Cars with an electronic handbrake

No more straining to yank up a lever: cars with an electronic handbrake require just the press of a button - but aren't to everyone's taste

John Evans
Aug 30, 2019

If you never quite trust the handbrake to hold your car or lack the strength to pull up the lever sufficiently firmly, you’ll welcome an electronic parking brake.

Instead of struggling with a lever connected to cables that may have stretched over time - meaning the car may not firmly hold itself in place - you just flick a switch and electric motors do the rest with an electronic handbrake. Some also have a so-called auto-hold function that takes the stress out of hill starts by automatically holding the brakes until you pull off. 

The buttons aren't universally popular, with many drivers preferring the familiar manual handbrake that they can pull and engage instantly, rather than an electronic system, which can seem less secure and sometimes take a second or two to engage - or simply prove far more fiddly for those with long nails. Below we look at the pros and cons of both types of handbrake.

How does an electronic parking brake work?

This type of system has been around since 2001 when it first featured on the BMW 7 Series. For many years it was the preserve of expensive cars but is now more common on cheaper vehicles and has begun to replace the manual handbrake in a vast majority of new cars.

Early systems were a variation on the old manual handbrake and used a small electric motor to pull the cables attached to the rear brake shoes or brake pads. Current versions are more sophisticated and use a pair of small, computer-controlled electric motors to operate the brakes.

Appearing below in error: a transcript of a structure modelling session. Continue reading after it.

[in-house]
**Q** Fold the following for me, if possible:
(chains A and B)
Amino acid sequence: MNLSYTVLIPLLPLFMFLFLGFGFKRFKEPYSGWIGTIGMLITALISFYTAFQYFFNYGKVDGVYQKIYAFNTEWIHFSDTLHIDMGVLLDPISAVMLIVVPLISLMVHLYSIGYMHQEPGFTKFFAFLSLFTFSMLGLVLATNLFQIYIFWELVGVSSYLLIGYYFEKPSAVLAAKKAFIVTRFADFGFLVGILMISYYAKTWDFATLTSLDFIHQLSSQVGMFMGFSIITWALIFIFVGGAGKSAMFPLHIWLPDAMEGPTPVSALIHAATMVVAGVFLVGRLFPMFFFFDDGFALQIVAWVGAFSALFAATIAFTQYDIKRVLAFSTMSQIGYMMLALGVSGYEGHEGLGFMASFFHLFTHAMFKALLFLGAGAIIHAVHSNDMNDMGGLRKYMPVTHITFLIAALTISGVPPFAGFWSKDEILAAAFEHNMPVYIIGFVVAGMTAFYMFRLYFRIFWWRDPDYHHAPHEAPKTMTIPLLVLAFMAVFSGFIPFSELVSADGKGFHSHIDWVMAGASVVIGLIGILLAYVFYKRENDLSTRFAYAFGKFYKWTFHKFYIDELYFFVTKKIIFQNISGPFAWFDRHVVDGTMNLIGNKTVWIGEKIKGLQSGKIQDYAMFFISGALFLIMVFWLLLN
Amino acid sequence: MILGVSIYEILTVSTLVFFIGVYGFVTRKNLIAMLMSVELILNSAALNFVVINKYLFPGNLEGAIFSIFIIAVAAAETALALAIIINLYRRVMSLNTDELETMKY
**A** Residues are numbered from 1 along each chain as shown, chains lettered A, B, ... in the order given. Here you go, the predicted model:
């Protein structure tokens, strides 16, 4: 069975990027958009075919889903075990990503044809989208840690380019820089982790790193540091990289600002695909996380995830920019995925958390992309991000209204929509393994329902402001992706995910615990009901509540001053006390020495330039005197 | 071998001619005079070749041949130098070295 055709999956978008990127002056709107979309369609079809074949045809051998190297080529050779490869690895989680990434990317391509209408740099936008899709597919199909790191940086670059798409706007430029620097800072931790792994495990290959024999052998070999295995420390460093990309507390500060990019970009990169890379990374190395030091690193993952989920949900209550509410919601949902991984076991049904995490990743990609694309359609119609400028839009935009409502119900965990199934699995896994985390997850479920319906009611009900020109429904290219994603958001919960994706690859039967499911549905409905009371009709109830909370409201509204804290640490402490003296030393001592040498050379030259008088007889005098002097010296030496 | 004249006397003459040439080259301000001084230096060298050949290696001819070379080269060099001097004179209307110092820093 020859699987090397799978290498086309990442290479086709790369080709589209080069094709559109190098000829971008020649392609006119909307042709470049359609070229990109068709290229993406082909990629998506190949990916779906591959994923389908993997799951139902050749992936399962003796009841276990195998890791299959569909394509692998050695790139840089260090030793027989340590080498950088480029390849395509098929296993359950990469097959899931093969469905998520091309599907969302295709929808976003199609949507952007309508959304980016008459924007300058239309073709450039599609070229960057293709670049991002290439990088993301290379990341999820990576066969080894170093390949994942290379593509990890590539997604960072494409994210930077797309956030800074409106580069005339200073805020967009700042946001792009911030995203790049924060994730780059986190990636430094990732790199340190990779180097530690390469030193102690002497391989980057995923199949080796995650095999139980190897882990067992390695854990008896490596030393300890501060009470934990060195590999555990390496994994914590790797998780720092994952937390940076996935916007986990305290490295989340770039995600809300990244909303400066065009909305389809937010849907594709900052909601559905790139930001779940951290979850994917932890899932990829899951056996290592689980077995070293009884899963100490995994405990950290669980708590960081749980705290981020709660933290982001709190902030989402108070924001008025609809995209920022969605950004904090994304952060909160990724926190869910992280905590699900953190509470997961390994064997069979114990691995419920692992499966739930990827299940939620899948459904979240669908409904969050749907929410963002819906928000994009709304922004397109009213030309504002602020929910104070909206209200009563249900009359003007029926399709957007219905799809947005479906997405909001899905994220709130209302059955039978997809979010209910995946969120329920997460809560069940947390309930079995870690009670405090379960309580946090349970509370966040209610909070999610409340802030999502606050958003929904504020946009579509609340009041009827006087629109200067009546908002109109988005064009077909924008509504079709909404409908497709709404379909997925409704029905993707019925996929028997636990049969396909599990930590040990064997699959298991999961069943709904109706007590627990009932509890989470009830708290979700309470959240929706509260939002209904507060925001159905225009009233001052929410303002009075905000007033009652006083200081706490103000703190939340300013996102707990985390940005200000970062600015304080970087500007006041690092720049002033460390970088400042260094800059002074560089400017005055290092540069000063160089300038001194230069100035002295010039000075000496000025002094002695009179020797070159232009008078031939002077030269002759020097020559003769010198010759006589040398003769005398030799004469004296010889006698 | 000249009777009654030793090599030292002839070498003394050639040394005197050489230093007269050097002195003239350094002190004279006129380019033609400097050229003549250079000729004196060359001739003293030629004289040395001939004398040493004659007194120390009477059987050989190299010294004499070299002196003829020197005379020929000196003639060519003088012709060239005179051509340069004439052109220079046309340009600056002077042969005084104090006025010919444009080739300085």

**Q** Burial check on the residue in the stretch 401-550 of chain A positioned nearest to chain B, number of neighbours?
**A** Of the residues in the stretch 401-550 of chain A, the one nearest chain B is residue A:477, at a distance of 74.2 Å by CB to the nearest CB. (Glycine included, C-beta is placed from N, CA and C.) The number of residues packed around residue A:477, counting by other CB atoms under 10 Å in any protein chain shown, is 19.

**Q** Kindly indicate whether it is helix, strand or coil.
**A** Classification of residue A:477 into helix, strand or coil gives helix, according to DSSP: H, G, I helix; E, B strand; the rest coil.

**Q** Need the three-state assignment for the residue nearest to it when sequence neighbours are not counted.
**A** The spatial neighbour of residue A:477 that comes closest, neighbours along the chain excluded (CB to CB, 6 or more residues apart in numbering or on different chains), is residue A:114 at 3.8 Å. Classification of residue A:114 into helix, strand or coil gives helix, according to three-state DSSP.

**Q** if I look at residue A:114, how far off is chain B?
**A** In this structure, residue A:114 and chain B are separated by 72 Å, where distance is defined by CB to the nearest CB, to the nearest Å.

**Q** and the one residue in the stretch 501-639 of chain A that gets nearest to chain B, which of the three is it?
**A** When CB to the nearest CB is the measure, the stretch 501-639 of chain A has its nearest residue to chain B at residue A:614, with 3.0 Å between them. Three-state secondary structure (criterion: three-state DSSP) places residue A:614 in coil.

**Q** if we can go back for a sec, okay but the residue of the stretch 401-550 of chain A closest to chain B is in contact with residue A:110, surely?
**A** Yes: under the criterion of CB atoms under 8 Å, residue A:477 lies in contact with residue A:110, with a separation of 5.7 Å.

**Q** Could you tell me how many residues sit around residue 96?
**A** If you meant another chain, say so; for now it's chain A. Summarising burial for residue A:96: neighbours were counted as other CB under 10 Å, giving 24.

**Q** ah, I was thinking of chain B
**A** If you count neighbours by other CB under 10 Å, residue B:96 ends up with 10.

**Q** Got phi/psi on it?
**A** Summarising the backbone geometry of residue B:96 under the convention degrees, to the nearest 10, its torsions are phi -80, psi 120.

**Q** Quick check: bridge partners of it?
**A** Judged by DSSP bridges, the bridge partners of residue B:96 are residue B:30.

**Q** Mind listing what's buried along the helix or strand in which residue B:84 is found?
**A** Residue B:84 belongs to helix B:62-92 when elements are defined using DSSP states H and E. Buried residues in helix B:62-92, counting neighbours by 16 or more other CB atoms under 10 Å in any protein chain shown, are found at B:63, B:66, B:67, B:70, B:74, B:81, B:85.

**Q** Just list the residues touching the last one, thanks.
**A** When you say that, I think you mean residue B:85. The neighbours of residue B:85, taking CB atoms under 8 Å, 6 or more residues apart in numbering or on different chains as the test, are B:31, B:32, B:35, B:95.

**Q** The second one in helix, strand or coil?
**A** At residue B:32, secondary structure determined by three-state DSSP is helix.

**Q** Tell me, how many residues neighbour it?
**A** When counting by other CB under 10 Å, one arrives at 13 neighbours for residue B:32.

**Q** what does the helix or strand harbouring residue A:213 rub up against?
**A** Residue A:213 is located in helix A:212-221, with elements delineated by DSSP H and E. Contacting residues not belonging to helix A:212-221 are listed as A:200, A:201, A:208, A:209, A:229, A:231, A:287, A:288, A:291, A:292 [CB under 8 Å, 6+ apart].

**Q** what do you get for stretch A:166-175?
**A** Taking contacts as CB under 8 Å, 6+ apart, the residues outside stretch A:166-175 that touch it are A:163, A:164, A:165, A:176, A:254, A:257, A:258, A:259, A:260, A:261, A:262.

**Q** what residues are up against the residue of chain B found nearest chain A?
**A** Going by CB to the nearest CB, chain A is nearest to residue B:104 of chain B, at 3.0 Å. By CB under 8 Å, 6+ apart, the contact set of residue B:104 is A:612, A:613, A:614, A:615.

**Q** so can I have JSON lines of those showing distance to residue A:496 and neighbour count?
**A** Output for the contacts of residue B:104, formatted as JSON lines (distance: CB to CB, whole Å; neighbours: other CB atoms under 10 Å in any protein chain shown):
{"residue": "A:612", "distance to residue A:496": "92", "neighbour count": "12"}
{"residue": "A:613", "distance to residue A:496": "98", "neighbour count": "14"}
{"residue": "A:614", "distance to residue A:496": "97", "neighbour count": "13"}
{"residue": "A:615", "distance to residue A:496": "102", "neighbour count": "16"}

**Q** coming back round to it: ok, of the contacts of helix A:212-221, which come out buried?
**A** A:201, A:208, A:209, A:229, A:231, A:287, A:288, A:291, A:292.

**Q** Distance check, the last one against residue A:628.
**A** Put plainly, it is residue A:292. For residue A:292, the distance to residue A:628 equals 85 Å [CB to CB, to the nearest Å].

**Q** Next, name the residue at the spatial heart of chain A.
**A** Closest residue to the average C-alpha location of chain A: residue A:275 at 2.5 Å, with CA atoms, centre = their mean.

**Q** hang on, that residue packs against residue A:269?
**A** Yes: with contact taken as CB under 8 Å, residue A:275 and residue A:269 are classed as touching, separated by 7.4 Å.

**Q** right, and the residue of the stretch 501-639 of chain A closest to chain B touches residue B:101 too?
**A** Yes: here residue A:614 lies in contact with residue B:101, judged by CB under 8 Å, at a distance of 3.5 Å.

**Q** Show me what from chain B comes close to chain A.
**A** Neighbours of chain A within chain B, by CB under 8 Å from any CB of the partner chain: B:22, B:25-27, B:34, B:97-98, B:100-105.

Some systems are operated by the driver flicking an electric switch, but increasingly, this type of system senses when the car has come to a stop and applies the brakes automatically.

The switch may have a light on it telling you it’s been activated or you may hear a slight whirring at the back of the car as the motors work. Either way, the handbrake warning light should illuminate on the dashboard, telling you the car is secure.

When you want to drive away you press the footbrake while flicking the switch to release the parking brake, or simply press the accelerator and the brakes are released automatically in a vast majority of cars. Some, however, still hold the brakes, only releasing once you have pressed the button and waited for the system to deactivate.

For By using a switch and two powerful motors working on the brakes, an electronic parking brake takes the effort and worry out of using a handbrake. It’s a neat, space-saving solution that frees up room for cupholders and other storage ideas on the centre console between driver and passenger. It’s also easier to use when there’s a front centre armrest.

Against An electronic parking brake is a complex piece of equipment that can’t be maintained without the right tools. When it fails, it can be expensive to repair. Some drivers miss not being able to progressively apply or release the brakes as they can with a conventional handbrake. Others think it counter-intuitive to flick a switch rather than pull or push a lever, with the result that in high-pressure situations such as stalling at the lights they may panic. Some can also be slow to engage - taking a second or two when manually a release a handbrake takes barely any time at all.

 

How does an auto-hold parking brake work?